The Human Torch appeared in a number of Spider-Man's monthly adventures,but the two teenagers were often antagonistic towards each other. Spider-Man declines Johnny's offer of assistance, clearly Ditko's idea that a hero had to fight his own battles and doesn't need outside help. Ditko explained in "A Mini-History 12: Guest Stars: Heroes and Villains"**  "I also deliberately made S-M and the HT ineffective as a "team" in capturing the B (Beetle)...In yet another S-M/HT team up (#19) I had two policeman capture the Sandman." Ditko cleverly accepted Lee's guest-stars on occasion, but had them get in each others way instead of helping each other. Kind of like two many cooks in the kitchen.  

And here Spidey battles the X-Men. Or does he? They turn out to be robots created by Mysterio. Lee gets to promote the new team (whose seventh issue was on the stands when the Annual appeared) and Ditko avoids a meeting with the real heroes.

In one of the most amusing panels Jameson desperately tries to contact Spider-Man, by conversing with a spider outside his window. I bet he was a fan of Mr. Ed!  

And the final cameo goes to the Human Torch, who checks in with a aggravated JJJ. All told Ditko included 27 panels of guest stars in a 41 page story, and most characters were "walk on" appearances, so Ditko followed Lee's directive while limiting their usage. 

"The Secrets of Spider-Man" feature included cameos of Thor, the Hulk, the Thing and the FF, explaining how strong Spider-Man was in proportion to other heroes, as well as discussing the strength of Spidey's webbing.

A "Guest-Star Page" includes Ditko's versions of the Hulk and the FF, drawn in "the somewhat different Ditko style". While Ditko never quite got the hang of drawing the Thing, he did a fine job on the other members of the FF, particularly the Torch. The following month he would go on to revive the Hulk, plotting and drawing the new co-feature in Tales to Astonish for eight issues.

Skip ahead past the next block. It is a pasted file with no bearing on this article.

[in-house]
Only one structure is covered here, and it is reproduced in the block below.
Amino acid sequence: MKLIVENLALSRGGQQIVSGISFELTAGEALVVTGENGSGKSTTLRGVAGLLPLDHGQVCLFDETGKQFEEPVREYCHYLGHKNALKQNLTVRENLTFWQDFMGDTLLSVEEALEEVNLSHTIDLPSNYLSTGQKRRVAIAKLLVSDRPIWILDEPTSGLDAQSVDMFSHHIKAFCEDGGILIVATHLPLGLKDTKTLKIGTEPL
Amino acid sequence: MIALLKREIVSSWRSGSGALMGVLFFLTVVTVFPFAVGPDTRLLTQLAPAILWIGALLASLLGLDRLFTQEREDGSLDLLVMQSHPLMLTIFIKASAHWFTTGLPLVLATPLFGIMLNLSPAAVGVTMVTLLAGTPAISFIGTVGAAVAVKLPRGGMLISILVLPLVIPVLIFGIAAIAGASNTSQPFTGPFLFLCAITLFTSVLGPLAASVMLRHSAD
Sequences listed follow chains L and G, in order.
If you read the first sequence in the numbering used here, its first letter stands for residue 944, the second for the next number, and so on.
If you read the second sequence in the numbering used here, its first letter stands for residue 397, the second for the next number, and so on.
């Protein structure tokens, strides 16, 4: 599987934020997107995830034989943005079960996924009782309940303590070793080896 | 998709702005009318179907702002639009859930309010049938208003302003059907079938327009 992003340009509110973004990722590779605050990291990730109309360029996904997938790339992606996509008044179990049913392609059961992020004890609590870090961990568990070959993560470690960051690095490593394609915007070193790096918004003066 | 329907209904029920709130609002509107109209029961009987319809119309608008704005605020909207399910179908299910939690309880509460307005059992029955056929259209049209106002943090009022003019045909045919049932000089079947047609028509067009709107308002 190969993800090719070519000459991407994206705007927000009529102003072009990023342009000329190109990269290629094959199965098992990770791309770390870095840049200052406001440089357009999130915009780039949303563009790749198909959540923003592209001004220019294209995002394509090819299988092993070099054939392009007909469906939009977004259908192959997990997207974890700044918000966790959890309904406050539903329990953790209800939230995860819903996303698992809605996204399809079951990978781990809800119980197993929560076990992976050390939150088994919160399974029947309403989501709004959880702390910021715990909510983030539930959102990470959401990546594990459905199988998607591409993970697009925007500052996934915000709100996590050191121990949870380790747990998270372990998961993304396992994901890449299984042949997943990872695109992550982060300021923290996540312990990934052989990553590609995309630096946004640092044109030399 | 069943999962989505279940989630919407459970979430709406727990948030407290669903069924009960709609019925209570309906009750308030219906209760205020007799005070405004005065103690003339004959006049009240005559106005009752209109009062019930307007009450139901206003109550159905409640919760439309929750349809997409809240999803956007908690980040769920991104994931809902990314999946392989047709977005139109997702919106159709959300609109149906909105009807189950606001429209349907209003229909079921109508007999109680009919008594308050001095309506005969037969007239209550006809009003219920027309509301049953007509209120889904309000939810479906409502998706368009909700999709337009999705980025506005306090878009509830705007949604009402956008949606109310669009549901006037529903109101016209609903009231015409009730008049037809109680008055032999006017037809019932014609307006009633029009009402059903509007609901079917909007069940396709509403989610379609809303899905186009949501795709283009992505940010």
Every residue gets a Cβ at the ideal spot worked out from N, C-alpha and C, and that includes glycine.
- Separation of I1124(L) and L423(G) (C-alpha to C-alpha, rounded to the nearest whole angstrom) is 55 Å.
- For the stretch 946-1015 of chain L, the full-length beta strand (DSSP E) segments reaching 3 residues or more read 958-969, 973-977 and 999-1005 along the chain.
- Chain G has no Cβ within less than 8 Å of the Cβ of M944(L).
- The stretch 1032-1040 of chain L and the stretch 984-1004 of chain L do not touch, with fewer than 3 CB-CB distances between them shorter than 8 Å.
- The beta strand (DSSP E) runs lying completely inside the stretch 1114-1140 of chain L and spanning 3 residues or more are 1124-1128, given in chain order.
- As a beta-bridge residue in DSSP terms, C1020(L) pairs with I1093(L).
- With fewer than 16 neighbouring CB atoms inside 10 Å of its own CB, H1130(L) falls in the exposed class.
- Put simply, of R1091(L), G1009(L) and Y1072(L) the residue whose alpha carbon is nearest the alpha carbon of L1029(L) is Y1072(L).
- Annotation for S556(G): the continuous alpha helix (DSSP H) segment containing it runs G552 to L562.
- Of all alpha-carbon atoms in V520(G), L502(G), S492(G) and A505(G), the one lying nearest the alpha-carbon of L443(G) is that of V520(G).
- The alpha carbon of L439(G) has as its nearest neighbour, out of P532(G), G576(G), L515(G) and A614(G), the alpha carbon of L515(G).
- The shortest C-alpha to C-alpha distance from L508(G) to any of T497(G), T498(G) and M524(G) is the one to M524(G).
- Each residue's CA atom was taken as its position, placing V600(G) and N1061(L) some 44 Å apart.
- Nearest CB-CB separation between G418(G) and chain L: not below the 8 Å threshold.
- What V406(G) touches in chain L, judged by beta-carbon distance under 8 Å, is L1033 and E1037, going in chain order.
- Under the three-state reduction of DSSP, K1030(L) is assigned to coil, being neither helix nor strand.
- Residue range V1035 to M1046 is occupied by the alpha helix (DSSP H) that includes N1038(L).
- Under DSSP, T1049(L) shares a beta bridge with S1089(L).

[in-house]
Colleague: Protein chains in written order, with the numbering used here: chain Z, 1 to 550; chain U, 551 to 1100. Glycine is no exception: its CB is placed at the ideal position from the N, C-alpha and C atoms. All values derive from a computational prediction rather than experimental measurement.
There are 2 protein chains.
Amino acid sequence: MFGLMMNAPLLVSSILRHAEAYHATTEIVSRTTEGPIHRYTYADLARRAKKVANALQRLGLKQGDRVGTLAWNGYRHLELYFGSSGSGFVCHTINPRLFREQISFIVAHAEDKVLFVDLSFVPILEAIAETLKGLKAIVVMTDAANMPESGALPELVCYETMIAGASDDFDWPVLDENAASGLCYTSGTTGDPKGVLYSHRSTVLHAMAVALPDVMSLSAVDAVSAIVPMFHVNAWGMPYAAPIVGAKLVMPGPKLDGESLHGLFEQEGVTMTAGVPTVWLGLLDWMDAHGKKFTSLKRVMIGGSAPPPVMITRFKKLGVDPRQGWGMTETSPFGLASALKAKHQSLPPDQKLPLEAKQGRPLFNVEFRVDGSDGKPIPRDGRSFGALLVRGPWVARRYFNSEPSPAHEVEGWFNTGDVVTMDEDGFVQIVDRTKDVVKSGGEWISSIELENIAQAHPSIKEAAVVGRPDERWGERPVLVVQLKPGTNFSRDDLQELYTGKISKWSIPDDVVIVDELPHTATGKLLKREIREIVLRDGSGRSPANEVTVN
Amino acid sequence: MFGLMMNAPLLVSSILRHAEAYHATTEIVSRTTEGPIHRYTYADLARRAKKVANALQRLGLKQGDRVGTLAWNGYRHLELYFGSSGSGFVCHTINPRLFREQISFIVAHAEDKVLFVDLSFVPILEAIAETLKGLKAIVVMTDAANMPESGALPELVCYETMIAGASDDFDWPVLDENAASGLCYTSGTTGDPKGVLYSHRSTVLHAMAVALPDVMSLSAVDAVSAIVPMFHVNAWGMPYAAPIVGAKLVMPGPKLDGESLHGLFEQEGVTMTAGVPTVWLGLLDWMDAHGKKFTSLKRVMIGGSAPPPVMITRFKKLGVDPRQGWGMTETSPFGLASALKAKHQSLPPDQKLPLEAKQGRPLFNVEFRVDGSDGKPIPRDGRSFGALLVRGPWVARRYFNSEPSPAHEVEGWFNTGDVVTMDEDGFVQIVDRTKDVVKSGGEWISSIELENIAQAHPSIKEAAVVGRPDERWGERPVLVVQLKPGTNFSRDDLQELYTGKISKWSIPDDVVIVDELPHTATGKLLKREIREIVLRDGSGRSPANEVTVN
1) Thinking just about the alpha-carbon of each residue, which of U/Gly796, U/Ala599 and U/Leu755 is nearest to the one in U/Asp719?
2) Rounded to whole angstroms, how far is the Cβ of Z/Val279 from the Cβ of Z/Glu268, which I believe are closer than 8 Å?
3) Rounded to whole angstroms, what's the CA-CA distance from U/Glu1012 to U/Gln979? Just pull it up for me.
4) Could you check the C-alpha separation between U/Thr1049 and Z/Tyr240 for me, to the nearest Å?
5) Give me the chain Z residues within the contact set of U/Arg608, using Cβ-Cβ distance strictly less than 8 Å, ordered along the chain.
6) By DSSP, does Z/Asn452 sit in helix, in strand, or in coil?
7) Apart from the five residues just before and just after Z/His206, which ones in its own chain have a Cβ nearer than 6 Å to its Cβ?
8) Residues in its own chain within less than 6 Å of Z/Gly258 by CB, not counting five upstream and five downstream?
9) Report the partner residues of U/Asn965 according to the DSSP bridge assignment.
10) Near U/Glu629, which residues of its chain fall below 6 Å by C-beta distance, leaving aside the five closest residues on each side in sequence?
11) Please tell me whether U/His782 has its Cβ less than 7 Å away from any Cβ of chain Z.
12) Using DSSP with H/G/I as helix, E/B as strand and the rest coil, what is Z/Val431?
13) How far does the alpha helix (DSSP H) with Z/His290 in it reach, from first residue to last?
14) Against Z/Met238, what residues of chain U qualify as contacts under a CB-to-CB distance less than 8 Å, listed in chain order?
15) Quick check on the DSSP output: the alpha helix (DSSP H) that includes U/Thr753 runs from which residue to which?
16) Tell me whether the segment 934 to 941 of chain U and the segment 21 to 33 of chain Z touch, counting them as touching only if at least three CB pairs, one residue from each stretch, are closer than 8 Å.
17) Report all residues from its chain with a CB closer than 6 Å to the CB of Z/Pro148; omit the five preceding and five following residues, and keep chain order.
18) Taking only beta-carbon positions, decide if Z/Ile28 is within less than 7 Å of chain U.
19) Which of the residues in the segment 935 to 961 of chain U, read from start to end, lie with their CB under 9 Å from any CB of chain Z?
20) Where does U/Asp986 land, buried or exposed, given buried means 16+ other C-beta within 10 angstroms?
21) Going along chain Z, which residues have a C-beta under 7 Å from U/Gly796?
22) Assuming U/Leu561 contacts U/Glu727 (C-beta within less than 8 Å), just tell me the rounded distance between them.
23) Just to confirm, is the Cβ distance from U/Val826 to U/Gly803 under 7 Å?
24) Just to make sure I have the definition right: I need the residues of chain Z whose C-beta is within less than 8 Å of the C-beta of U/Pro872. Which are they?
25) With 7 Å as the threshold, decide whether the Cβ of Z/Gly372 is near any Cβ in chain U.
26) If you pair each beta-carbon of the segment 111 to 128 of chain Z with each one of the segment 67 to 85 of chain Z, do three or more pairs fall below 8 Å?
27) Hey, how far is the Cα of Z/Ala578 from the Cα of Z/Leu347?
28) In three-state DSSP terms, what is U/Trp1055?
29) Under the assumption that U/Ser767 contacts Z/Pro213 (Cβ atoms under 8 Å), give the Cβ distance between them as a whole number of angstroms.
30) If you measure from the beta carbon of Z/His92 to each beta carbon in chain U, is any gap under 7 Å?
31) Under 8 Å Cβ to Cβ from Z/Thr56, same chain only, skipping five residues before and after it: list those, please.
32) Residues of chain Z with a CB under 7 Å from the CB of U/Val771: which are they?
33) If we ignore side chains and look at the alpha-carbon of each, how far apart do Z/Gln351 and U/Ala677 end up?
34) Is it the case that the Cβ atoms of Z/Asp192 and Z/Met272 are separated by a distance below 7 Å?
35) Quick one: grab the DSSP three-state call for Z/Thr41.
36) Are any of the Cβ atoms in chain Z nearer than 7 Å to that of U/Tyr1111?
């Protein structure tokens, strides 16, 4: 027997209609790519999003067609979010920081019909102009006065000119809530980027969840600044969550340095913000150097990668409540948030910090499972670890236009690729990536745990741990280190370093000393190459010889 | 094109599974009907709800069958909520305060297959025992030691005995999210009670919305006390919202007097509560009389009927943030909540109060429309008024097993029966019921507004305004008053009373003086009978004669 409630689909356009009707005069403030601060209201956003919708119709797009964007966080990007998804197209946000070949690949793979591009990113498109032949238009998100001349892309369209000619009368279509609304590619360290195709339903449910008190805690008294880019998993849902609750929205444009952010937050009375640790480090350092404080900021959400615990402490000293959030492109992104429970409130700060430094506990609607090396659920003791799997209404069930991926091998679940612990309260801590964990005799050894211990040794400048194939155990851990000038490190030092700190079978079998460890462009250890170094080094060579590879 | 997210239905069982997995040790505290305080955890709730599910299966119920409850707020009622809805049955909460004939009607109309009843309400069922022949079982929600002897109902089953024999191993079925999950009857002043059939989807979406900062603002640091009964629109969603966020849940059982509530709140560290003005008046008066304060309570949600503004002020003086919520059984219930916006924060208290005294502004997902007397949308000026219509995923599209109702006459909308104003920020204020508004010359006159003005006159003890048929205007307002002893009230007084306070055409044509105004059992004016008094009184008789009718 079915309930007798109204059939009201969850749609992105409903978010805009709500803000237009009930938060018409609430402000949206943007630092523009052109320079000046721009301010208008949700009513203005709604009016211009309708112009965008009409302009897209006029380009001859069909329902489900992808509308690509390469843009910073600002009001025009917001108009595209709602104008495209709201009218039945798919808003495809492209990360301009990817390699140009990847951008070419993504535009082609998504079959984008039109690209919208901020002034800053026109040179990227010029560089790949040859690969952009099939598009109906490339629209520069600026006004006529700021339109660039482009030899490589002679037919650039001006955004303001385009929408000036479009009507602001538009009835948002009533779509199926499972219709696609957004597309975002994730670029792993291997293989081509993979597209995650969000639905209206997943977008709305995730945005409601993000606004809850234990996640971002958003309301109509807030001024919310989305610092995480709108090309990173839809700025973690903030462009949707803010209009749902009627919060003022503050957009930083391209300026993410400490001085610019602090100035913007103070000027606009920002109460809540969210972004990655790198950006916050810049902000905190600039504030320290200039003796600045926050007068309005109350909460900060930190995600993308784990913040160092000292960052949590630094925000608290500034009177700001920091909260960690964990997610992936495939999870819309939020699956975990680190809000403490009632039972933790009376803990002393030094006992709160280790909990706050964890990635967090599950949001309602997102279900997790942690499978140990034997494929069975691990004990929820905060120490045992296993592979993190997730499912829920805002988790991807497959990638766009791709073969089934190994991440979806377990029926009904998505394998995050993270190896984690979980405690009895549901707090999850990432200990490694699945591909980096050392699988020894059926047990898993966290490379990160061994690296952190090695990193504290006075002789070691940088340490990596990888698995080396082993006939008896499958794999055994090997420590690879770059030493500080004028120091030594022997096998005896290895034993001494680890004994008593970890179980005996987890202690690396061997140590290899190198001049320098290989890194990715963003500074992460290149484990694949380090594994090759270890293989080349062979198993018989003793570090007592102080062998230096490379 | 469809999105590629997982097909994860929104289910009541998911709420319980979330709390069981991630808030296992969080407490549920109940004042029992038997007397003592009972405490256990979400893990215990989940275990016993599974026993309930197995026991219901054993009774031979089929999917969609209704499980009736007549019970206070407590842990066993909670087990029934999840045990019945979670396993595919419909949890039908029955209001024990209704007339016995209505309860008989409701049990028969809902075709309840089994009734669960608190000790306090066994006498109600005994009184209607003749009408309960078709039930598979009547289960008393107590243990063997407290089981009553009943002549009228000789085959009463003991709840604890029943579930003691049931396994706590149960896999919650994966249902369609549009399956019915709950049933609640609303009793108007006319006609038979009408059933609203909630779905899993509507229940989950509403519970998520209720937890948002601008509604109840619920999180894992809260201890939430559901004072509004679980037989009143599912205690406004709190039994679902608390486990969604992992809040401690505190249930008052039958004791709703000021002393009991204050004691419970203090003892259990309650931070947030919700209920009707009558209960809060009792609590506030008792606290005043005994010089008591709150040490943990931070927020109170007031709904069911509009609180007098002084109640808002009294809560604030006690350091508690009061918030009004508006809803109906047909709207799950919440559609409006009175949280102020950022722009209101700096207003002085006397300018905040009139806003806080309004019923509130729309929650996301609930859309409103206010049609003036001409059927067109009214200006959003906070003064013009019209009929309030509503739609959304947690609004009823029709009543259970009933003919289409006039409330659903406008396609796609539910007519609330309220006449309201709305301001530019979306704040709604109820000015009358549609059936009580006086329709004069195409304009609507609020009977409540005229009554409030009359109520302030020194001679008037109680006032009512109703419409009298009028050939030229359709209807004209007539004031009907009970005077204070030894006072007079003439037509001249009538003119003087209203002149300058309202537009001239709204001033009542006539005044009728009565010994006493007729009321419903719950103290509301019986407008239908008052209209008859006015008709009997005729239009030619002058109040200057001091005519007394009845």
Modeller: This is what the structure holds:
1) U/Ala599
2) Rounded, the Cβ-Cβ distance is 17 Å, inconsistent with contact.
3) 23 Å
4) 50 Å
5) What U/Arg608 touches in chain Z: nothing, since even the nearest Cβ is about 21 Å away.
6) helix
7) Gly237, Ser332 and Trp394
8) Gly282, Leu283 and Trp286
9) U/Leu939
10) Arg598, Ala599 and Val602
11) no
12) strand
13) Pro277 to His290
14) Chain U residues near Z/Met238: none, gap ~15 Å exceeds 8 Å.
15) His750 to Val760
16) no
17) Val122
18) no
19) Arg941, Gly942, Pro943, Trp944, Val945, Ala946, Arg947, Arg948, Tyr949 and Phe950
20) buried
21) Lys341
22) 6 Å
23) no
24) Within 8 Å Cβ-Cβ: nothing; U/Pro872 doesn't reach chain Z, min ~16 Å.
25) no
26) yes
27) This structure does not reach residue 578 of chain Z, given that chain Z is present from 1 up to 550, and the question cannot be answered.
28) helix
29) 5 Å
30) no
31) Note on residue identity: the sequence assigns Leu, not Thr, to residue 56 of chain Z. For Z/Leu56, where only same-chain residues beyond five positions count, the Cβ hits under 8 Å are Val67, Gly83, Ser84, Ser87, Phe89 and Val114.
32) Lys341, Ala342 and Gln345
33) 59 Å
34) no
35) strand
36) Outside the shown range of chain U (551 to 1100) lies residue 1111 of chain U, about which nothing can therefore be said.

Finally, we close with this delightful image of Stan Lee being assaulted by Marvel's heroes, including Daredevil and Sgt. Fury, the only characters who didn't make it into the main story. Fury, of course, was set in World War II, and DD may have been omitted because Lee and Ditko worked on the opening story before DD was created (the special features section may have been produced after the lead story), although as Joseph William Marek pointed out, it may simply be that DD was guest-starring in that months Amazing Spider-Man #16.     

While I don't totally agree with Ditko's theory that guest-stars diminish a heroes importance, his point that using them interfered with developing the leading hero and his supporting characters is valid. There was a distinct thrill when heroes met each other, especially for kids, and it was especially entertaining in the early 1960's when it was a novelty and used sparingly. As the years went on an "anything goes" mentality produced many poorly plotted story-lines, lacking in characterization or new ideas. Guest-stars are all too often used as an excuse to mix a sea of characters together until they become indistinguishable. Where is the originality in that? 

*(The Comics, Vol 12, No. 7, July 2001)    

**(The Comics, Vol 14, No. 7, July 2003)